The problem for the FEC as a practical matter — put aside the philosophical and policy implications — what the vice chair is inviting the FEC to do is to establish an Internet review board where a room full of government bureaucrats sit on a daily basis and troll the Internet for political commentary — to identify online commentators who did not register or report their expenses in connection with their website, and to issue subpoenas seeking information about their expenditures.
I know of no other way that the FEC could regulate the hundreds of thousands of posts on the Internet, absent such a review process.
The Daily Signal: It seems like this would hurt the little guys starting blogs, as opposed to big companies and news organizations. Is that the case?
Goodman: The specter of regulation of Internet political speech will discourage small groups and individuals from using the Internet to express their political opinions. If we regulate it, we will necessarily discourage it and get less of it. It’s an axiom that if you regulate it, you will deter it and get less of it.
Under current law, there are two important exemptions from FEC regulation: One is the media exemption. Congress wrote in the Federal Election Campaign Act an explicit exemption for the media, the press.
The second important exemption, created in the commission’s 2006 rulemaking, is the Internet exemption. If the commission were to abolish the Internet exemption, many online bloggers who have been protected by it would resort to protection under the media exemption.
However, the distinction between a bona fide media organization and blogger online is a blurred line. And there are three Democratic commissioners on the FEC today who have consistently voted to constrict the definition of the press entitled to the media exemption.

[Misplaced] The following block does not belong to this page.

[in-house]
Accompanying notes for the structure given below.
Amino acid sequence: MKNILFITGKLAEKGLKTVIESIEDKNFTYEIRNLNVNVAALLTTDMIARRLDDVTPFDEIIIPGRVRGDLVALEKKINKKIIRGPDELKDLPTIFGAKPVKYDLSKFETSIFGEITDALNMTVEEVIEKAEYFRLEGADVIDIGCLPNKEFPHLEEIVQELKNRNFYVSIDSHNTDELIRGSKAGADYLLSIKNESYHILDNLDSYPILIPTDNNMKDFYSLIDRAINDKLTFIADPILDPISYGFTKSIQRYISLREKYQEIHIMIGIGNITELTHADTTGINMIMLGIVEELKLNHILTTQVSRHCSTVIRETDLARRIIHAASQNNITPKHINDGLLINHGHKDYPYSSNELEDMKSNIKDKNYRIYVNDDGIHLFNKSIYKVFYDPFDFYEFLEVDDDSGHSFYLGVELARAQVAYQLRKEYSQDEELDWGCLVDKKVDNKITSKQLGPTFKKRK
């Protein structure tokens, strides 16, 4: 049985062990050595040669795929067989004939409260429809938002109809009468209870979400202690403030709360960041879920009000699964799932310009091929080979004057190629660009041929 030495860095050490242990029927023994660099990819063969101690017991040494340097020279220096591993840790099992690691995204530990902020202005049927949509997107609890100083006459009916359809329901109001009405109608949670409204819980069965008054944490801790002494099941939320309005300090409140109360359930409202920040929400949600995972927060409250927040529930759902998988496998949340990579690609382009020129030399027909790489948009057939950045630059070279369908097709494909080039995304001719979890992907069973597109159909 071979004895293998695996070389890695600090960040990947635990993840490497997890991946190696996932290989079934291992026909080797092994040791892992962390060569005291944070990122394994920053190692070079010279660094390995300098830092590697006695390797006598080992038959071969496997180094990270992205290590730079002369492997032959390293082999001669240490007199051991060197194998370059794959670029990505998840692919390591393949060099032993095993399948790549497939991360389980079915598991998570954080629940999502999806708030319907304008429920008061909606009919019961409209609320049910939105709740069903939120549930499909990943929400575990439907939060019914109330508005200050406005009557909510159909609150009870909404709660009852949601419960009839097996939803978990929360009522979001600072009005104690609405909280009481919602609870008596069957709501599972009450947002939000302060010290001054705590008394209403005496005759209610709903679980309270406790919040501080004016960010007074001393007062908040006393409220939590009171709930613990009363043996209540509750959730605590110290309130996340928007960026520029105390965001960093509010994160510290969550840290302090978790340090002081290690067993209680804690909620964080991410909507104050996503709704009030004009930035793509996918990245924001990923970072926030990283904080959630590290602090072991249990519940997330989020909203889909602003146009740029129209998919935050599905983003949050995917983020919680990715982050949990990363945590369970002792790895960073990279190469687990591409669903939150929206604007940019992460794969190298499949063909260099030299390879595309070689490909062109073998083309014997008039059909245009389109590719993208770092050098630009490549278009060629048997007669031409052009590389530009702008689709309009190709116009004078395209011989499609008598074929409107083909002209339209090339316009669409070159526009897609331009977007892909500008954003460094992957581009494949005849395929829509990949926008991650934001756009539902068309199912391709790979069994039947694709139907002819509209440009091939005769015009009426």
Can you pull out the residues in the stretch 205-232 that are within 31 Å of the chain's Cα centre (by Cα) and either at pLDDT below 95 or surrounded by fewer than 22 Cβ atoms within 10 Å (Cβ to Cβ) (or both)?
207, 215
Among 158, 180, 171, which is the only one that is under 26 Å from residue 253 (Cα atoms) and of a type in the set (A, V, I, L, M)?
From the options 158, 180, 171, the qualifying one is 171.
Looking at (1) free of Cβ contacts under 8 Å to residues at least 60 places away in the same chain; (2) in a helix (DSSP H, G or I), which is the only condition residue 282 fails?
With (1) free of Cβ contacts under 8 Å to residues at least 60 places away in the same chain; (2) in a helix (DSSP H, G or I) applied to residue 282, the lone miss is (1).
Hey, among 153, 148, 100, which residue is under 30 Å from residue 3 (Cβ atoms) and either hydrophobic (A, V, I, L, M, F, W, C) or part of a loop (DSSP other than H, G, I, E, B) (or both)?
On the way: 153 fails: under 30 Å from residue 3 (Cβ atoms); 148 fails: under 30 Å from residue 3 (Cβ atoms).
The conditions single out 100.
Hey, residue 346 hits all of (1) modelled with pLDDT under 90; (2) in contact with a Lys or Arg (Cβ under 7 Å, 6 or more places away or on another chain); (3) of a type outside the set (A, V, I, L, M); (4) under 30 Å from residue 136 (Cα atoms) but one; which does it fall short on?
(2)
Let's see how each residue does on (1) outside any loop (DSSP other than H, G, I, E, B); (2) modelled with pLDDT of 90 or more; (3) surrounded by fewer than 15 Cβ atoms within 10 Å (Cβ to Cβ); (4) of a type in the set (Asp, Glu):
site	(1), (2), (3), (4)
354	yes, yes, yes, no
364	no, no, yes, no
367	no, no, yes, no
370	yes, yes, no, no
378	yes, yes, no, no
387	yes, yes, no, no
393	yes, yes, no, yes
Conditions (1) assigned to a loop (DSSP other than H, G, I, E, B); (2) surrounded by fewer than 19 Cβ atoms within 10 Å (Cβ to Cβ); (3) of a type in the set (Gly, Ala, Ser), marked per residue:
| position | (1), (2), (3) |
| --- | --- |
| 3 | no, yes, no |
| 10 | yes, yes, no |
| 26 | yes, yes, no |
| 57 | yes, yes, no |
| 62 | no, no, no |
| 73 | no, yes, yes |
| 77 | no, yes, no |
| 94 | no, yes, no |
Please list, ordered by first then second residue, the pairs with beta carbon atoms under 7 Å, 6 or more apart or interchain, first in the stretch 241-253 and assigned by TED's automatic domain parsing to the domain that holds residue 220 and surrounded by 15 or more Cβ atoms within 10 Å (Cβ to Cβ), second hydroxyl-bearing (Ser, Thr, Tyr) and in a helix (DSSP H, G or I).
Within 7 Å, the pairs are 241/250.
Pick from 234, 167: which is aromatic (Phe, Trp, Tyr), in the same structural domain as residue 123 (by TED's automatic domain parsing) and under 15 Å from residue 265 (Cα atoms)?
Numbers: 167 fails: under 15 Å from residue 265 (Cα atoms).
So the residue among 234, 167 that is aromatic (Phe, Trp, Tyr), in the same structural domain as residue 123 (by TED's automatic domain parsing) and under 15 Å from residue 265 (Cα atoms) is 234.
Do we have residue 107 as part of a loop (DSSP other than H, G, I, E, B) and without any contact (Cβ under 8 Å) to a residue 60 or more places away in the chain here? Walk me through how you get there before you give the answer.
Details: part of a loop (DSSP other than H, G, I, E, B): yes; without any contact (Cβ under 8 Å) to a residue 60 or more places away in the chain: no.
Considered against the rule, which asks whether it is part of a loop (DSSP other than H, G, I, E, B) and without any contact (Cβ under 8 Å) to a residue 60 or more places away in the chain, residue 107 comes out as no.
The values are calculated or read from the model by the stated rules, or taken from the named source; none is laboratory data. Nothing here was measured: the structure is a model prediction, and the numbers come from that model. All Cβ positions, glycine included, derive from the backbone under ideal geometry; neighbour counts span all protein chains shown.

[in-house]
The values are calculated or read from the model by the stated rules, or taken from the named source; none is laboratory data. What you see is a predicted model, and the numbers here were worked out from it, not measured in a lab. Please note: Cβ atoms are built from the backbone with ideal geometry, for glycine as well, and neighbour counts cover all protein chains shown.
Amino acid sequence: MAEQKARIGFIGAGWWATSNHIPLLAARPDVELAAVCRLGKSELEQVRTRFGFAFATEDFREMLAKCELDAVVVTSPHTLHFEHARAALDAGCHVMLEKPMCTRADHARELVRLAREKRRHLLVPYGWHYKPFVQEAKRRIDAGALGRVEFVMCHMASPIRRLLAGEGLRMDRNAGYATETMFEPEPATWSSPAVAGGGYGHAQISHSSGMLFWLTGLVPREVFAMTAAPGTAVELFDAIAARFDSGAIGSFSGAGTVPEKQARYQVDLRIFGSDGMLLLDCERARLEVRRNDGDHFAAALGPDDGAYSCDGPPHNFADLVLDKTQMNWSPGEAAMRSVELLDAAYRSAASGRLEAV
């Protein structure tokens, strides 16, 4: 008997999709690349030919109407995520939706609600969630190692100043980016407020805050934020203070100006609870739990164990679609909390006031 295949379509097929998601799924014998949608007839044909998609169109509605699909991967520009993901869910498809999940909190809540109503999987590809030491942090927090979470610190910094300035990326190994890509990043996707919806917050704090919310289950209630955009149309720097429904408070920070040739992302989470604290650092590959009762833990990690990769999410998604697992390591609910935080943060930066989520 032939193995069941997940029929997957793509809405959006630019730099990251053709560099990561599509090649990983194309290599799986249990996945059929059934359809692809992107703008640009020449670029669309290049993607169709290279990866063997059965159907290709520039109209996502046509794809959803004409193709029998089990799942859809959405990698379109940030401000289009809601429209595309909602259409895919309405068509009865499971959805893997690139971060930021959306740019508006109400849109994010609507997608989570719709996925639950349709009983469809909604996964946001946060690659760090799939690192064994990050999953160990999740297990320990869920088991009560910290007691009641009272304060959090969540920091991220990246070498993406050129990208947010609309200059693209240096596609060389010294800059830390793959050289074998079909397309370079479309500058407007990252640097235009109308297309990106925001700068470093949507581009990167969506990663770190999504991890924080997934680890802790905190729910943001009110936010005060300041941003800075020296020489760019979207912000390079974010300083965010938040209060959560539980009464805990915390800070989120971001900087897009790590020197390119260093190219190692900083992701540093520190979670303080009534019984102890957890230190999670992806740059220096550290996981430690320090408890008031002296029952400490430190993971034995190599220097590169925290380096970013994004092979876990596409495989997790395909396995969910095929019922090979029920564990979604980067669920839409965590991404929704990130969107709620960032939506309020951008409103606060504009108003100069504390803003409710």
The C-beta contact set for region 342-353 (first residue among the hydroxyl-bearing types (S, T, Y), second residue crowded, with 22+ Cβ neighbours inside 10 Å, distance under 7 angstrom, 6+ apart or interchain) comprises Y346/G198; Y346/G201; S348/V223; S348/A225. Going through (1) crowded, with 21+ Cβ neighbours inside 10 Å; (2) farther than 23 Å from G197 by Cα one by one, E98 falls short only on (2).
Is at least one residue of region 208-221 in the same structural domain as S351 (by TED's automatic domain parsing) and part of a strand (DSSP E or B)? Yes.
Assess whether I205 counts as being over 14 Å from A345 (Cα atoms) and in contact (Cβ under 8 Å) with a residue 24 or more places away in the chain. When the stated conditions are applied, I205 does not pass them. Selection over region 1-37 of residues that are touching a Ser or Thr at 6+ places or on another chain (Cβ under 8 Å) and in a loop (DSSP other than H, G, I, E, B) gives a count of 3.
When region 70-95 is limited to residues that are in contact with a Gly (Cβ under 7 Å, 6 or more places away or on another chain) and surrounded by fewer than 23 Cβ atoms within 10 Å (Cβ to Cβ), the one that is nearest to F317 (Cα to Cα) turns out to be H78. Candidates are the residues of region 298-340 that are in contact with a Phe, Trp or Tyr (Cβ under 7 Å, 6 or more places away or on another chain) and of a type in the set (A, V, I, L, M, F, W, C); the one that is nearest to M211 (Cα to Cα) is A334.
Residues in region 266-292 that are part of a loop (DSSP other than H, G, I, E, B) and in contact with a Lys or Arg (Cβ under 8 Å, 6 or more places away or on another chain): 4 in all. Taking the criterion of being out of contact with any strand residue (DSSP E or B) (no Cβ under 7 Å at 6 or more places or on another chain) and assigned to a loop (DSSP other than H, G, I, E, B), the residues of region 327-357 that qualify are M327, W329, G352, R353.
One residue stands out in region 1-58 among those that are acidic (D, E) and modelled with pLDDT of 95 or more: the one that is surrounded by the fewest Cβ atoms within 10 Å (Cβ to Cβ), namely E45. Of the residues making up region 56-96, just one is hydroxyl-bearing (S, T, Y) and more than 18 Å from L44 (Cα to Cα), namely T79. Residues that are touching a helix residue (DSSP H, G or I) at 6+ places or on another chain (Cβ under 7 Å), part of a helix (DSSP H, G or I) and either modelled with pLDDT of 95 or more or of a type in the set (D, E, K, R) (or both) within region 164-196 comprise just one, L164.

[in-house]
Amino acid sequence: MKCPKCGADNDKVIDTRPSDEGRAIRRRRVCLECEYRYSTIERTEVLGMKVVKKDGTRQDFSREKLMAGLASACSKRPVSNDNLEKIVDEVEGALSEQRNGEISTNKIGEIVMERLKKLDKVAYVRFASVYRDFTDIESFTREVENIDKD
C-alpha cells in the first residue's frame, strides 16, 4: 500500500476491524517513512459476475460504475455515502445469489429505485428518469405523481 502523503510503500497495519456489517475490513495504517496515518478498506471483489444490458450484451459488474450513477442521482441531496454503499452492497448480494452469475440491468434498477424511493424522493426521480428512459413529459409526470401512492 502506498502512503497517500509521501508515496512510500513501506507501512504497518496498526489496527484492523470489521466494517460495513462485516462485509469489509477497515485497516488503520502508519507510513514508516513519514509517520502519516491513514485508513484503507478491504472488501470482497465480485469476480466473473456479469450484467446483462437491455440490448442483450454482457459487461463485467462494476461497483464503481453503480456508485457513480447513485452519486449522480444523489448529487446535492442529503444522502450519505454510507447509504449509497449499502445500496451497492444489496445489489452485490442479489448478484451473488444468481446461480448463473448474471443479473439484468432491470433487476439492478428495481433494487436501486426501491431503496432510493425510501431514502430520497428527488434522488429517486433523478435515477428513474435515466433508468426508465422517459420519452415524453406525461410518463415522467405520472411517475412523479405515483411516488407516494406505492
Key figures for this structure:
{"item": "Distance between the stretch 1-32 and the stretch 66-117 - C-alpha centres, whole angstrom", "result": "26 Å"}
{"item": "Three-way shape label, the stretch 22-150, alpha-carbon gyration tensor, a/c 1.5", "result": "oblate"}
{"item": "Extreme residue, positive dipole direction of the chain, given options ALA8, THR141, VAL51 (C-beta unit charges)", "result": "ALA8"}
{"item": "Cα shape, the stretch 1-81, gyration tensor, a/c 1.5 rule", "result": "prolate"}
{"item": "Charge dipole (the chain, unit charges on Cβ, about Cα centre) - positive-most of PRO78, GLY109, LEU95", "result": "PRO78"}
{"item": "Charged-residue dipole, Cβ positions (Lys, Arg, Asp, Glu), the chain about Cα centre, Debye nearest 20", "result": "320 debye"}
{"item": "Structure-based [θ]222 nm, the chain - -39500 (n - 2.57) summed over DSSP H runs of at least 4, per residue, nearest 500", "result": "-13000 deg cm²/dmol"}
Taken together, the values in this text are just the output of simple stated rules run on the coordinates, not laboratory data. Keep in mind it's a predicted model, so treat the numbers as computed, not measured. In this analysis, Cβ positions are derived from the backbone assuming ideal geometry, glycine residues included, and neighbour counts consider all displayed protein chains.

It is unclear whether online bloggers would be exempt from regulation under the press exemption, and it would embroil the FEC in determining which bloggers are the press and which bloggers are not the press. That would be a significant consequence and complication if the FEC were to follow Vice Chair Ravel’s proposal.
The Daily Signal: Would this, then, be regulated by the government combing blogs to see if the blogs meet the qualifications for what the FEC rules as a media organization?
Goodman: That’s correct. Look at the medium. This is not as easy as identifying who has a broadcast license from the Federal Communications Commission. The Internet has placed a printing press in the hands of every citizen in America. And many small groups and individuals have started political commentary pages or websites on their kitchen tables and have grown those blogs into being significant daily publications.
The Internet has democratized not just political speech generally, but journalism specifically. Imagine the FEC having to comb all blogs in America to determine which ones are exempt, are bona fide press entities, [and] which ones are not bona fide press entities and would be regulated because the Internet exemption has been abolished. I believe this is an area where the government ought to leave well enough alone.
The Daily Signal: Isn’t it the First Amendment right of Americans to record podcasts and write on the Internet?
Goodman: Absolutely, and let me take it a step further. This is the fundamental error in the proposal to regulate the Internet. The Supreme Court consistently has ruled that the FEC has no constitutional authority to regulate speech for the sake of regulating speech.
The FEC exists solely to regulate large contributions to candidates and to require public disclosure of large expenditures to influence elections because the money involved in the contributions and the expenditures has the potential to corrupt politicians.
The vast majority of posts on the Internet, from YouTube videos to websites to blogs, are low cost or free. Therefore, if we were to begin regulating online political speech, the FEC would be in the position of regulating speech and not expenditures for speech.
Absolutely it’s a First Amendment right to speak to the world through your personal computer without governmental interference, so long as you’re not corrupting politicians.
The Daily Signal: Is the concern that someone who is running for Congress is going to find a blog and be corrupted?
Goodman: I cannot speak for the vice chairman. I infer from her statement that my Democratic colleagues are concerned that Internet speech has become highly effective and influential in the political process.
Pew issued a report one year ago indicating that one-half of Americans report the Internet as a primary source of obtaining political news, information and advocacy. So the Internet clearly is an influential medium in America today.
I believe that’s what captured the attention and regulatory impulses of Vice Chairman Ravel. Just because it is influential or effective does not give the FEC a writ to regulate it.